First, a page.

An angel of the Lord appeared to them, and the glory of the Lord shone around them, and they were terrified. But the angel said to them, “Do not be afraid. I bring you good news that will cause great joy for all the people. Today in the town of David a Savior has been born to you; he is the Messiah, the Lord.”
Thanks to the Charlie Brown Christmas Special, I think that we’ve all probably heard some version of this before. It’s the part of the Christmas story where the angel announces for the first time that Jesus has been born and that he is the long awaited Messiah. He is the one who was to come. And the first people to hear it were shepherds. Lowly shepherds who had probably never been recognized as important receive the most important message in the world. The Savior has been born and this news is for all the people.
The problem with this passage is that we have such a hard time living it out. We want the Good News to be for all the people we like, or all the people who aren’t weird, or even for all the people who look like me. Throughout the New Testament, Jesus brings the good news to people who would have been neglected or even the outcasts of society. If we were one of the disciples we would have been thinking, “Surely not him or her, Lord. You mean we need to take the Gospel to them, too?” Continue reading
As I begin writing this post, I’m sitting in Sam’s Club waiting for tires to be put on my car. From the café area, I can see most of the store and it’s stocked to the brim with bulk food, low prices, and junk. I spent some time in the electronics area thinking about getting a Roku TV to replace the old TV/DVD/VCR combo tv we have (yes, we still have a VCR). Because of the time of year, my thoughts quickly jumped to Black Friday sales.
Most of us have the same kind of thoughts this time of year. “What’s on sale? What do I want? Where can I get it? What time do I have to get up to get the deals? I’ll be done with dinner by the time that store opens on Thanksgiving, maybe I’ll just run over and pick something up.” Then, of course, a week later we realize we still have Christmas gifts to buy since we’ve mostly bought for ourselves. Continue reading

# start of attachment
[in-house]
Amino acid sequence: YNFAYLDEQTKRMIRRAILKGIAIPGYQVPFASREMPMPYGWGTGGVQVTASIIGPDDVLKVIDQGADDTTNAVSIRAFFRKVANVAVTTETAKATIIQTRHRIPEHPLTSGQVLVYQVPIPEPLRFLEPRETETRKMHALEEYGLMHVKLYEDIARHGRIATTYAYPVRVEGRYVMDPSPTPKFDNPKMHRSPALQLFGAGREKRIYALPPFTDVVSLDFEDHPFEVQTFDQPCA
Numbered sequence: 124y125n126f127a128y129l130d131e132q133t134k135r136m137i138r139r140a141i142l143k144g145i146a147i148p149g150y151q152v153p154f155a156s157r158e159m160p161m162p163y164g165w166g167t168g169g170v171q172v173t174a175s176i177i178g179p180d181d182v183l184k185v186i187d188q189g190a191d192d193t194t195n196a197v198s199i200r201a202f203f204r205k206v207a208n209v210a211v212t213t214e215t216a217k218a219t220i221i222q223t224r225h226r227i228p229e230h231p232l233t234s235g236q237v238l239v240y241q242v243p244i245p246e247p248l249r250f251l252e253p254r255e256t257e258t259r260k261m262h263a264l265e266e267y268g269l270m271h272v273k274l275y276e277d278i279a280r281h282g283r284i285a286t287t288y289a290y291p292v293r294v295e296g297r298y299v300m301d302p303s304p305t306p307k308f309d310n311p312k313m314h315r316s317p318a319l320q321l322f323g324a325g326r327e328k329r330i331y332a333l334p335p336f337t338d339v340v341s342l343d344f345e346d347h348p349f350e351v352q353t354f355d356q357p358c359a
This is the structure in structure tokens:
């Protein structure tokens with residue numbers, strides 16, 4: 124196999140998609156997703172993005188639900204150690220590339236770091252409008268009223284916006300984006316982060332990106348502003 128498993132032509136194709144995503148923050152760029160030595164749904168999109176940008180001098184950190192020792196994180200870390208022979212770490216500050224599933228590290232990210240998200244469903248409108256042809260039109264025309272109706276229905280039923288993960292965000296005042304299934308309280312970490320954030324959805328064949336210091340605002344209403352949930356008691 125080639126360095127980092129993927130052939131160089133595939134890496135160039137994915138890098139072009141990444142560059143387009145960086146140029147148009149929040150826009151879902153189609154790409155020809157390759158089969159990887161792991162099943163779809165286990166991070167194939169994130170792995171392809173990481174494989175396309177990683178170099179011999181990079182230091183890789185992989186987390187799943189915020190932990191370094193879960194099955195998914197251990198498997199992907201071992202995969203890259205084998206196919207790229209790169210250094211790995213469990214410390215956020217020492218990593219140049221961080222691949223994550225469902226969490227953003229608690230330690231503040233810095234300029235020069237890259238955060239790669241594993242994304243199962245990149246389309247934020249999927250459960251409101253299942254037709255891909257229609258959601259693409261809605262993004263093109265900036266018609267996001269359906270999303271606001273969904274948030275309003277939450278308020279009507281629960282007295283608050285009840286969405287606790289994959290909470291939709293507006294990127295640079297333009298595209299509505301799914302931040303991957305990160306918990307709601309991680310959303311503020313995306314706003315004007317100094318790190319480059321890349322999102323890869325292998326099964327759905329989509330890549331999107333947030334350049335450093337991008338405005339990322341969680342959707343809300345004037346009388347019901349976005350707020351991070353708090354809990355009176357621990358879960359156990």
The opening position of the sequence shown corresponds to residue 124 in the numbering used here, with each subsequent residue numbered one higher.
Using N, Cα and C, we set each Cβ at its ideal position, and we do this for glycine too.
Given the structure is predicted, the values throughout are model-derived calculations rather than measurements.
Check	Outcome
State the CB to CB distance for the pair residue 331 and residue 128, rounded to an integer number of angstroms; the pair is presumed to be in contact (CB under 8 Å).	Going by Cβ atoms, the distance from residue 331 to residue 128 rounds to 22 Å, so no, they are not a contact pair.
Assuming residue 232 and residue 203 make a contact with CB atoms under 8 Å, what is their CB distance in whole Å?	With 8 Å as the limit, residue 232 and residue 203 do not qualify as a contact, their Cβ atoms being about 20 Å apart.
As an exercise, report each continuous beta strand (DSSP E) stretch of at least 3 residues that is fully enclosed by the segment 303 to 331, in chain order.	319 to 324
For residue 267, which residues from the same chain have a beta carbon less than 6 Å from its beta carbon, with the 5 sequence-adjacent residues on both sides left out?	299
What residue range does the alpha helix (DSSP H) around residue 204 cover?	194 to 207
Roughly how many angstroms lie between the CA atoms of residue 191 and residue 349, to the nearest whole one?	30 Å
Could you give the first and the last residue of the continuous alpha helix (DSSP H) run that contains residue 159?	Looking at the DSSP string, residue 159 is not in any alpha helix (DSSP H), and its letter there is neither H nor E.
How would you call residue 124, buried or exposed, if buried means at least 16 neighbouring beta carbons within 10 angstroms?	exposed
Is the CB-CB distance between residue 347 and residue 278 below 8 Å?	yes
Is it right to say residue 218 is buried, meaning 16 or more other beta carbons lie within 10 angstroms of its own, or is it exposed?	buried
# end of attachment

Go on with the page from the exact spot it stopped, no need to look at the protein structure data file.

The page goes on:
Not too long after Michael Brown was shot in Ferguson the #BlackLivesMatter movement started. Since then there’s been a lot of push back from different sides. One of those sides is from people who say we should be saying #AllLivesMatter and not just #BlackLivesMatter. To a certain extent I agree that we should say that all lives matter. It’s Biblical. Christian theology argues that all people are made in the image of God. It doesn’t matter what color your skin is, what language you speak, or what country you were born in, you were made in the image of God. We are all equally made in the image of God and we all matter in God’s eyes. I believe, however, that because of what has happened since Genesis 1 & 2, it’s important to emphasize which lives matter.
Whether we want to recognize it or not, we (meaning Americans) live in a country that has a deeply embedded racist history. The most visible of part of our history is slavery, but there have also been points when our country has been blatantly racist toward Chinese, Japanese, Germans, Mexicans, and others of Hispanic descent. I’m sure that list is hardly exhaustive either. Racism is not just an American problem either. I’m sure you could go to any country and pinpoint a time in history and a people that they have been against simply because of their skin, language, or heritage. Continue reading
I’ve taken a few weeks to write about the two “theological virtues” of faith and hope, but now I want to take some time to focus on love. If you were ask Jesus or the New Testament authors what the most important characteristic of a disciple is, I’m pretty confident that love would be the answer:
“You have heard that it was said, ‘Love your neighbor and hate your enemy.’ But I tell you, love your enemies and pray for those who persecute you” Matthew 5:43-44
“The most important one,” answered Jesus, “is this: ‘Hear, O Israel: The Lord our God, the Lord is one. Love the Lord your God with all your heart and with all your soul and with all your mind and with all your strength.’ The second is this: ‘Love your neighbor as yourself.’ There is no commandment greater than these.” Mark 12:29-31
“By this everyone will know that you are my disciples, if you love one another.” John 13:35
“…whatever other command there may be, are summed up in this one command: ‘Love your neighbor as yourself.’ Love does no harm to a neighbor. Therefore love is the fulfillment of the law” Romans 13:9-10
“And now these three remain: faith, hope and love. But the greatest of these is love.” 1 Corinthians 13:13
“Dear friends, let us love one another, for love comes from God. Everyone who loves has been born of God and knows God. Whoever does not love does not know God, because God is love.” 1 John 4:7-8